- 1 Visas
- 2 Advantages
- 3 Disadvantages
- 4 Food & Drink
- 5 Accommodation
- 6 Weather
- 7 Transport & Hitch-hiking
- 8 Culture & Tradition
- 9 Types of roads
- 10 Map of Motorways and Main Roads
- 11 Speed limit on Polish roads
- 12 Absolutely essential hitch-hikers phrasebook
- 13 Main Border Crossings
- 14 Most Beautiful Nature Spot
- 15 Best City / Town
- 16 Our Experience
As a member of the European Union and a member of the Schengen treaty, the same visa rights apply as in other EU countries. EU nationals are not required to get a visa and can stay as long as they like.
Stays of 90 days or less, also do not require a visa for nationals from the United States, Canada, Australia and Japan.
Other nationalities should check with the Polish embassy in their own countries.
In many ways Poland is a hitch-hikers dream. A growing European power but with a lack of transport infastructure, Poland is a country crying out to be hitch-hiked. The positives are so numerous, hitch-hiking used to be very common in Poland and so people know the concept. The lack of motorways makes it easy to hitch-hike legally, with a constant flow of traffic. A large percentage of the population are bilingual to some degree, with a good level of English amongst the young. Even the undercurrent of religious devotion can work in your favour, as a good turn deserves another. Trains are a cheap, if slow, alternative if you ever find yourself running out of light or time. A remarkably useful route planner can be found by following the link here.
Polish cities tend to cover a large surface area and finding the edge of a city can be tough. This is especially true in the Silesian conglomerate as you might walk straight out of one city into another one. English may not be spoken outside the big cities’ young population, so be prepared for a lot of clumsy attempts at consonant clusters because Polish is not the easiest language to learn. In the winter, Poland, to put it mildly, is extremely cold, so be prepared for the worst if trying to hitch-hike in winter. Polish roads are also infamously bad, so also give up any notion of travelling long distances fast.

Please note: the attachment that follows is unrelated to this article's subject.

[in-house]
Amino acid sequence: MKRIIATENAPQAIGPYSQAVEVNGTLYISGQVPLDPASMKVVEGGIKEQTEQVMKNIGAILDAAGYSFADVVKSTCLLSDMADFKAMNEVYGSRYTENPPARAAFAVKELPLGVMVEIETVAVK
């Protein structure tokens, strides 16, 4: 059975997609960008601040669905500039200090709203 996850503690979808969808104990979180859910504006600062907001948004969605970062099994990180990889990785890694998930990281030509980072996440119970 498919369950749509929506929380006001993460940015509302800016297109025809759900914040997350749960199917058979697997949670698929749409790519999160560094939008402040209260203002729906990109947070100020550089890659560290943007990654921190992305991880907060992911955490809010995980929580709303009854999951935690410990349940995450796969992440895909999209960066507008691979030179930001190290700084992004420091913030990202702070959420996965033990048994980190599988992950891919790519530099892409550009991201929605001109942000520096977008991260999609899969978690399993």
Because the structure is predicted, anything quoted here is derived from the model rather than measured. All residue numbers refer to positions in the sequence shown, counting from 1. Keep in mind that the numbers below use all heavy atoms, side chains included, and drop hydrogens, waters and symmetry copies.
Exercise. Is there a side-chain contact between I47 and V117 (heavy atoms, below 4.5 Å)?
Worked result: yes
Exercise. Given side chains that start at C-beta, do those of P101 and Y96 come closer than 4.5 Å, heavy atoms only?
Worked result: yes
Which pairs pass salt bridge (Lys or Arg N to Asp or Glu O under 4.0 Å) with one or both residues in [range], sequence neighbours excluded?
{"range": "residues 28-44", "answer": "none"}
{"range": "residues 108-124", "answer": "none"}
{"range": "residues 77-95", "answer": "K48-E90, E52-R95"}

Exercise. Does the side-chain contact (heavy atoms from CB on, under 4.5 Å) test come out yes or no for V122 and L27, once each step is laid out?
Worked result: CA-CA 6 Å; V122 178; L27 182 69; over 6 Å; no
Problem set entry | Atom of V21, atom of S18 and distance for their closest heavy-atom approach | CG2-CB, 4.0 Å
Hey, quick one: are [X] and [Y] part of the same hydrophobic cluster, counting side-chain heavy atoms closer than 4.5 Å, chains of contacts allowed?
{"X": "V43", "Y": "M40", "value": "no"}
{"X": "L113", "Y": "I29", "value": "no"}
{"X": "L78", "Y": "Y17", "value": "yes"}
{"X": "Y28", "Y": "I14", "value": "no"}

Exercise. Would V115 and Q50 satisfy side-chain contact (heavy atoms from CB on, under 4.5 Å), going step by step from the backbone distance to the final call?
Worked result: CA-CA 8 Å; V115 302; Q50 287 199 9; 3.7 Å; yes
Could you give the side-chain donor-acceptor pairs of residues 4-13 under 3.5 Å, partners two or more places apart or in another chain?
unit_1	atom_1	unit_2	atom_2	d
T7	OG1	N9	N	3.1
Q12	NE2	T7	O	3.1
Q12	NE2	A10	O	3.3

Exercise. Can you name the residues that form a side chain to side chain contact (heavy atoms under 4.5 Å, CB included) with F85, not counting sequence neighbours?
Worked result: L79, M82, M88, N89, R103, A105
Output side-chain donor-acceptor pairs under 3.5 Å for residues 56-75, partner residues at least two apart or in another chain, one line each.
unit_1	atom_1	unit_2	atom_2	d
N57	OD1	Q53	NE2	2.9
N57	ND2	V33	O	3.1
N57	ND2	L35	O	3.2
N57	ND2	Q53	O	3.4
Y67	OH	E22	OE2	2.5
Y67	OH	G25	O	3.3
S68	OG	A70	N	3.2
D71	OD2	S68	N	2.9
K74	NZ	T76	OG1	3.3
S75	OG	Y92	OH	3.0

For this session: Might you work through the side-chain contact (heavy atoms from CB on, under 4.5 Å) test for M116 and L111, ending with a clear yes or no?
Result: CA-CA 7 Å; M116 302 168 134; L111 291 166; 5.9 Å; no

Food & Drink
1) Lack of restaurants
The restaurant culture is not so engrained in Poland as it is in other European countries, perhaps because of the quality of their home cooking. So outside the big tourist cities, be warned that the option may be limited.
2) Don’t drink the water
Rather annoyingly Poland is one those countries where drinking the water is not advisable. Simply pop to the local supermarket and stock up there instead.
3) Rely on CouchSurfing or camp
In the big cities, there are hostels available but the prices are not the bargain they once were. When in rural areas look to camp, in cities the couchsurfing community is a strong one and finding a bed is never normally a problem.
4) Be prepared for everything
Due to the influences of a continental climate from the east and a maritime climate from the west. The weather in Poland is very changeable with significant variation from day to day and year to year. Seasons are clearly defined with wet, windy & occasionally sunny springs and autumns, pleasantly hot summers and sometimes harsh winters.
Transport & Hitch-hiking
5) Hitch-hiking need to knows
There are some toll roads in Poland so either make it clear before you start that you have no money or offer a few Złoty towards the cost. Polish people will generally not ask for any money as they consider hitch-hiking to be free, but it’s still good to know! On Sundays there will be less traffic, as this day is traditionally devoted to rest or church so if you are planning a long journey, Sunday might not be the day to do it.
6) Buses for short distances, trains for long